MPW Insider is an online community where the biggest names in business and beyond answer timely career and leadership questions. Today’s answer for: What do you think is the most significant barrier to female leadership? is written by Mary Godwin, VP of operations at Qumulo.
The corporate climate has certainly improved for women over the last 40 years, but are we, as women, really “there” yet in terms of leadership? As we continue to make progress, it’s important for women to make sure they aren’t creating additional barriers to leadership opportunities, especially ones they can control — like behavior. Which is why, perhaps, it makes sense to “act like a man” occasionally, in order to achieve our career goals.
As an example, let’s consider loyalty for a moment. I can’t tell you how many women I have worked with over the years who toil away, year after year for the same company or boss, never getting the increase in responsibility or compensation that they deserve. Conversely, I have never — not even once — seen a man stay in a role or at a company if he is not being provided with the advancement and compensation that he believes he deserves. Loyalty is a gift that should be bestowed only on companies and managers who are as invested in your career as much as you are invested in the success of the company. If not, you are not being loyal, you are being a victim – and it is time to move on, take control of your career, and find a position where your efforts will be rewarded.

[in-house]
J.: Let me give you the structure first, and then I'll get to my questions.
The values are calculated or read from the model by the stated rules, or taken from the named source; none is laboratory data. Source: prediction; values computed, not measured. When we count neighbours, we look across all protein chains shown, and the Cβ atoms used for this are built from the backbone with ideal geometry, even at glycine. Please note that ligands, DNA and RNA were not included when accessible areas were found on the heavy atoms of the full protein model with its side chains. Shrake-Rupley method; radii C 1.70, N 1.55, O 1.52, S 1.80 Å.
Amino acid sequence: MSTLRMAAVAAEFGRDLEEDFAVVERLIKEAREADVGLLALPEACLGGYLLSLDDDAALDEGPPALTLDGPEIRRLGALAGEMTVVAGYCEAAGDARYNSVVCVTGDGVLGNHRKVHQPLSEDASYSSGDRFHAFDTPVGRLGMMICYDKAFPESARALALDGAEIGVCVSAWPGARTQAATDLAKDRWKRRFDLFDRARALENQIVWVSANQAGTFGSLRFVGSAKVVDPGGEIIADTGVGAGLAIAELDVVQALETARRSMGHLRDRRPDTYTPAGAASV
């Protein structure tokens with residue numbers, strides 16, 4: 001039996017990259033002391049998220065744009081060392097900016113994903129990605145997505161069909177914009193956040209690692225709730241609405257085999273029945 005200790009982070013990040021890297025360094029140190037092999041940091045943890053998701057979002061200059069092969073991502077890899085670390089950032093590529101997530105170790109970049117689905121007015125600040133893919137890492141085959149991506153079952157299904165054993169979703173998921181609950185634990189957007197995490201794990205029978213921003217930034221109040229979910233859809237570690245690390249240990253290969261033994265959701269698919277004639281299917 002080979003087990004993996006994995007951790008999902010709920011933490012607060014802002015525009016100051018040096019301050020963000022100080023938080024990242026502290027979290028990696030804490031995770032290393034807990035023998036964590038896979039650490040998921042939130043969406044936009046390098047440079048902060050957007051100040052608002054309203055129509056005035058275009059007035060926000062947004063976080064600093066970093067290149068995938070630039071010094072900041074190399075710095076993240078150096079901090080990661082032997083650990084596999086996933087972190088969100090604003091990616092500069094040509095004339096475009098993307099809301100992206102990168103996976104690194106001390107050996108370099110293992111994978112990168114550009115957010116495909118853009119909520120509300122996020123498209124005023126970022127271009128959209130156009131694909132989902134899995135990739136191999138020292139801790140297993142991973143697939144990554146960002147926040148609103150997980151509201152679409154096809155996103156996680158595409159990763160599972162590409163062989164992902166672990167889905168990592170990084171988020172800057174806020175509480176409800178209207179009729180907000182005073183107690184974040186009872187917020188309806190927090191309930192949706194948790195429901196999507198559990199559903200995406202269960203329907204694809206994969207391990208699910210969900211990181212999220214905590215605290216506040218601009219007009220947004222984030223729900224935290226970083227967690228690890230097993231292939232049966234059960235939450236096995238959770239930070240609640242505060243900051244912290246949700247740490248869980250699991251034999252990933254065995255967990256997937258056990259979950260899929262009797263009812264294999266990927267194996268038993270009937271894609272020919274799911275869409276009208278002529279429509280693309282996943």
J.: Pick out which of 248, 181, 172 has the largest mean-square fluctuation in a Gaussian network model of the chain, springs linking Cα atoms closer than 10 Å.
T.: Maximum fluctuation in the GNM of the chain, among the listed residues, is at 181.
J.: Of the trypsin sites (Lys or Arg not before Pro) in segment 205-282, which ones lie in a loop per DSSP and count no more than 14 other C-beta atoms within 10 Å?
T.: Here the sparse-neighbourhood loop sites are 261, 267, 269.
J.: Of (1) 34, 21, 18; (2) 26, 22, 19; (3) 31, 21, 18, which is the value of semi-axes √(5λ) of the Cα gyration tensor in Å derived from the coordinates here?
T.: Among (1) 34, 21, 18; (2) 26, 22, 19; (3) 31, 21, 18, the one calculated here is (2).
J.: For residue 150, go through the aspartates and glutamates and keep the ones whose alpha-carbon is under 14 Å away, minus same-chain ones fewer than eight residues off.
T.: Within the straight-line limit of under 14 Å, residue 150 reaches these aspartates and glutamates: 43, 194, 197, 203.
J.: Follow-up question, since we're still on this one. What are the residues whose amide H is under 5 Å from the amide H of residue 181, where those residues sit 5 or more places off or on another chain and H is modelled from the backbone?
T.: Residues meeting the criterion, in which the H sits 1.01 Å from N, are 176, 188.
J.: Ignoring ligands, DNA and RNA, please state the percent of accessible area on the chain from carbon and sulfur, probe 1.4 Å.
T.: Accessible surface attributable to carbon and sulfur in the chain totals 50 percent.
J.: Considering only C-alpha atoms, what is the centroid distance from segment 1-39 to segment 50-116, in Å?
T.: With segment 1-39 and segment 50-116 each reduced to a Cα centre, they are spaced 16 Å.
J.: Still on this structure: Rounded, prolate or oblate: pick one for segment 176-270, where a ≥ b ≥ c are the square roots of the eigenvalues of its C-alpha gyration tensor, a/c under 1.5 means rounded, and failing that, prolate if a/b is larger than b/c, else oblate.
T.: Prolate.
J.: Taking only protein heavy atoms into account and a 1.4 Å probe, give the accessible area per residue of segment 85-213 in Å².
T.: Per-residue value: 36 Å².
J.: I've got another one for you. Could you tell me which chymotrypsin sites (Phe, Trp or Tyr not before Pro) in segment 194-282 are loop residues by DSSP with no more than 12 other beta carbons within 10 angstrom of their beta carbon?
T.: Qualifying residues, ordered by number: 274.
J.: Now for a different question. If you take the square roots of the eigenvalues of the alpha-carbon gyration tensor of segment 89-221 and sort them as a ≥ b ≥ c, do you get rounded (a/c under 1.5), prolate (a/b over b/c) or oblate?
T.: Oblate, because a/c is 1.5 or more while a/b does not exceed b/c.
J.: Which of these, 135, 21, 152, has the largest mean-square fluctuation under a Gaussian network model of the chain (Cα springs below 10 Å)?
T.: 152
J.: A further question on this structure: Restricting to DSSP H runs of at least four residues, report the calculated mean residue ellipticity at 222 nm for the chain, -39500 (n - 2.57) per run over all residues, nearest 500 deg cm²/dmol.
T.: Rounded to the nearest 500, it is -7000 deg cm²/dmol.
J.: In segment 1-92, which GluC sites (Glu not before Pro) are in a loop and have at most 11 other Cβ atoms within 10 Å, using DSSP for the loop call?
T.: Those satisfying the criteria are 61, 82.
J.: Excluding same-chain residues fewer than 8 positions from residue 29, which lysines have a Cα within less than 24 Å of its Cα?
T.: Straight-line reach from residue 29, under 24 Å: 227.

See also: The Word That’s Hurting Female Leaders
Let’s face it: To be a leader, you need to have an ego. Men who are promoted into leadership positions put on the crown and assume their role of authority without any self-doubt. I can’t say that I have ever heard a newly ordained male leader utter the phrase “Gosh, I hope I’m good enough to do this job,” but I hear it from women all the time. This lack of confidence in many women shows. It undermines the boldness required to be a good leader, and it makes women — as well as their managers — question whether they really deserve to be in a leadership role.
I’m no psychologist, but I think this is the kind of self-destructive behavior that ends up being a barrier to advancement for women. You cannot go looking for validation to overcome your fragile ego from your peers or boss. Their expectation is that you are coming into the game ready to play. No one is going to take the time to make sure you feel good about yourself and your decisions. So, “fake it till you make it” and let your experience become your own source of self-confidence.